A top-down approach to customer satisfactionRyan Floriosense of purpose, management, tips, train employees
Growing up in a predominantly middle-class environment put all
of my friends from high school on an even playing field. It never
seemed that anyone had any significant advantages over the rest of
us, since it appeared that we all had the same basic lifestyle; we
were all being fed on a daily basis and could afford to wear
clothes we thought were reasonably cool. Occasionally, we were
allowed to borrow our parents' car for an important date, and this
made us cooler than most - at least for a day.
Looking back, I see now that our parents or caretakers were our
first true managers. Because while simple appearances masked the
differences we were experiencing at home, it was truly the
standards our parents were setting for us behind the scenes that
would shape our characters and communicate our values to the world.
It started becoming apparent after high school that the
self-respect we developed at home would affect our choices and the
quality of the rest of our lives.
I started making the comparison of effective parenting to good
management when I began consulting businesses on their customer
service practices. It's always clear when the owners and managers
have given their employees a strong sense of purpose. These firms
set an expectation of customer satisfaction and performance that is
communicated to every employee from top-level managers to
administrators. And ultimately, this sense of dignity is reflected
in the profitability of the business and shared with all of its
Today, most companies open their doors with a strong focus on
sales as a primary vehicle for their success. Continually
increasing sales are imperative, but this can only truly occur if
customer satisfaction is achieved. In companies where sales are
declining, most will put greater effort into advertising and
prospecting. Unfortunately, these efforts are limited if there is
no system in place to monitor where your company stands in the eyes
of its customers. Such a system enables companies to continually
improve and adjust, while creating greater and greater value for
your customers, your employees and your company's services.
To avoid the risk of declining customer satisfaction, consider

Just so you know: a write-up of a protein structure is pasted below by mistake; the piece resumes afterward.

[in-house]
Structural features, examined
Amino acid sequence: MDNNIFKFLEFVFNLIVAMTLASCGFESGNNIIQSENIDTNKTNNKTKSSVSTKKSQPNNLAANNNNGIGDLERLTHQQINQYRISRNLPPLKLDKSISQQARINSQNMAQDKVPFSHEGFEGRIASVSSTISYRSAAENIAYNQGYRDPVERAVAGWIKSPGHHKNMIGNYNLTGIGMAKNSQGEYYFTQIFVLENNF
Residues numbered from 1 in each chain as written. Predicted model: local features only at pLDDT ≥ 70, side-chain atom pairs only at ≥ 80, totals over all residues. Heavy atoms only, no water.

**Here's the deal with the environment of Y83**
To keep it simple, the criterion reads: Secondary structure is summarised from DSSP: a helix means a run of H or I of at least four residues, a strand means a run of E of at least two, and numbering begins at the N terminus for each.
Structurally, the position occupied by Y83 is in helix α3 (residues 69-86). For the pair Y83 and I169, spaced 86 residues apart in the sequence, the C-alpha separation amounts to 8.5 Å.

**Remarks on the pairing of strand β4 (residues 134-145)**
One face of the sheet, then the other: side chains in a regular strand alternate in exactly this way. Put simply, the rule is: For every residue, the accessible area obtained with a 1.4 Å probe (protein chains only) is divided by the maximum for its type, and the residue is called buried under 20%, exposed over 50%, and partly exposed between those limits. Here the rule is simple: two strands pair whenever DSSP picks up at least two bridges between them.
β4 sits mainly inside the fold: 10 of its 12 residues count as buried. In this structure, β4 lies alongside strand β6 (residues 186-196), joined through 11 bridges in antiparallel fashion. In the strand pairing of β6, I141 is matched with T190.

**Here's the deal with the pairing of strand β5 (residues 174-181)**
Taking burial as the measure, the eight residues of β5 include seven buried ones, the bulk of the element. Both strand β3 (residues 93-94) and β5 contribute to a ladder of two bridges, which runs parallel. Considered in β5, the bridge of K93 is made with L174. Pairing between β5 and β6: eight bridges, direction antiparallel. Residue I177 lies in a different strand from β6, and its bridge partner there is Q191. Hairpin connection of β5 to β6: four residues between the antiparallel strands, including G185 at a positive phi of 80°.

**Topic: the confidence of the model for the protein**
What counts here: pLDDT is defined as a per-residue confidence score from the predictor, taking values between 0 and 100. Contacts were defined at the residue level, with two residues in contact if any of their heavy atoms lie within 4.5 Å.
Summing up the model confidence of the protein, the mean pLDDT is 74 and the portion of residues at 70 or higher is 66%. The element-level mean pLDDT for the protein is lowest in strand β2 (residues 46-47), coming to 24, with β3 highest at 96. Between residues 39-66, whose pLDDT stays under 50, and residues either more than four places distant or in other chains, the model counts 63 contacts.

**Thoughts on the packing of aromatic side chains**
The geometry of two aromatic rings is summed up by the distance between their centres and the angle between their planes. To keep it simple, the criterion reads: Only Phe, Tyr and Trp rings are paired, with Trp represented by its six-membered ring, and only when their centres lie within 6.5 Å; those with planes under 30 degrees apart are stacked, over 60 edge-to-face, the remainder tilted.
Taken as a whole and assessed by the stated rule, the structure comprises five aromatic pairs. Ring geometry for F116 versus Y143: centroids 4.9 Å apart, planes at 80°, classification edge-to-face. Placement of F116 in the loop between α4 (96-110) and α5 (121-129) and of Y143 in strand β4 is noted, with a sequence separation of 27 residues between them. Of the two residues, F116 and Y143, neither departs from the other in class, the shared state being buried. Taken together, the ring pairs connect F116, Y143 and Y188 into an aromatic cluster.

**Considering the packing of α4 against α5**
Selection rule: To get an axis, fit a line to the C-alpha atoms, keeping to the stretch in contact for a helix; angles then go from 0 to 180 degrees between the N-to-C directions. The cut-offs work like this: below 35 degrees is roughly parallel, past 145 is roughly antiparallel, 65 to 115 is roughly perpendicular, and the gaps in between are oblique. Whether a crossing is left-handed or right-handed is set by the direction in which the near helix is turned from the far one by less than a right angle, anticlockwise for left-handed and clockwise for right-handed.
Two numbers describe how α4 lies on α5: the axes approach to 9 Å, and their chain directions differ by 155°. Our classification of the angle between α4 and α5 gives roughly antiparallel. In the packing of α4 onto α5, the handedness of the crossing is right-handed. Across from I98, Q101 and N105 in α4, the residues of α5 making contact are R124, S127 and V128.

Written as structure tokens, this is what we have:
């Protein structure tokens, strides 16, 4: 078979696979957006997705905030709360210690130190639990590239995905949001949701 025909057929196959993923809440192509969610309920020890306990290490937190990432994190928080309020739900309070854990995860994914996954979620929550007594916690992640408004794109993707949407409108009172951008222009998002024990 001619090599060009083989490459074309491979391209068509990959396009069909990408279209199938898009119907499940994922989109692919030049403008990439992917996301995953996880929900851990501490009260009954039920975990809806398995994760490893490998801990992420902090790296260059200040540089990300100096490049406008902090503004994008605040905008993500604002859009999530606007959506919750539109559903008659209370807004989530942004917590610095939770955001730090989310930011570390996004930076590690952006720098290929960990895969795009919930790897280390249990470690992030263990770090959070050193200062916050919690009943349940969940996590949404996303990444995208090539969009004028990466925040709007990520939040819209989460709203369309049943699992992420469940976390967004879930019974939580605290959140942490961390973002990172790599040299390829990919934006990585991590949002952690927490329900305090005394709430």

the following systems when establishing your business
1. Top management, through its actions, must show that
customer satisfaction is important
Start by doing an honest review of current services and acknowledge
the areas that aren't working. As painful as it may be to admit,
growth won't occur until top managers are willing to address
shortcomings and limitations. Offices that are thriving have
managers who lead by example.
2. Create a plan to change methods of
Once you've identified the problems, involve employees and
management in the process of planning new procedures that reflect
the new mission and standards of the office. Be sure to make the
procedures specific and have a system in place to measure the
results of the proposed changes. Involving all employees to
actively participate in the planning process will initiate a
greater sense of ownership and responsibility.
3. Recognize employees who contribute to customers'
In doing so, you are validating your commitment to new policies and
procedures. This is an effective and inexpensive way to foster
company morale and reinforce positive behavior. When rewarding
employees, choose experiences that are worthy of recognition, so
that others may learn from their example.
4. Train employees from the point of hire
Invest the necessary resources to teach your employees about
customer satisfaction and how this philosophy is implemented in
your business strategies. Provide them with clear expectations and
outline how performance will be measured and rewarded with
The old adage, "An apple doesn't fall far from its tree," can be
applied to any community we belong to, including our business
environments and workplace. If we are to expect good results from
our employees and coworkers, we really need to begin by providing a
framework of meaningful values and a set of expectations that
inspire our companies towards this end. And by laying this
groundwork, we can be sure to harvest an abundant future.
Ryan Florio is president and CEO of Cleveland-based SpecialClient.com, a
Web-based company that offers automated client relationship
programs as a vehicle for client retention and business
development. He may be reached at (216) 598-0934 or e-mail [email protected]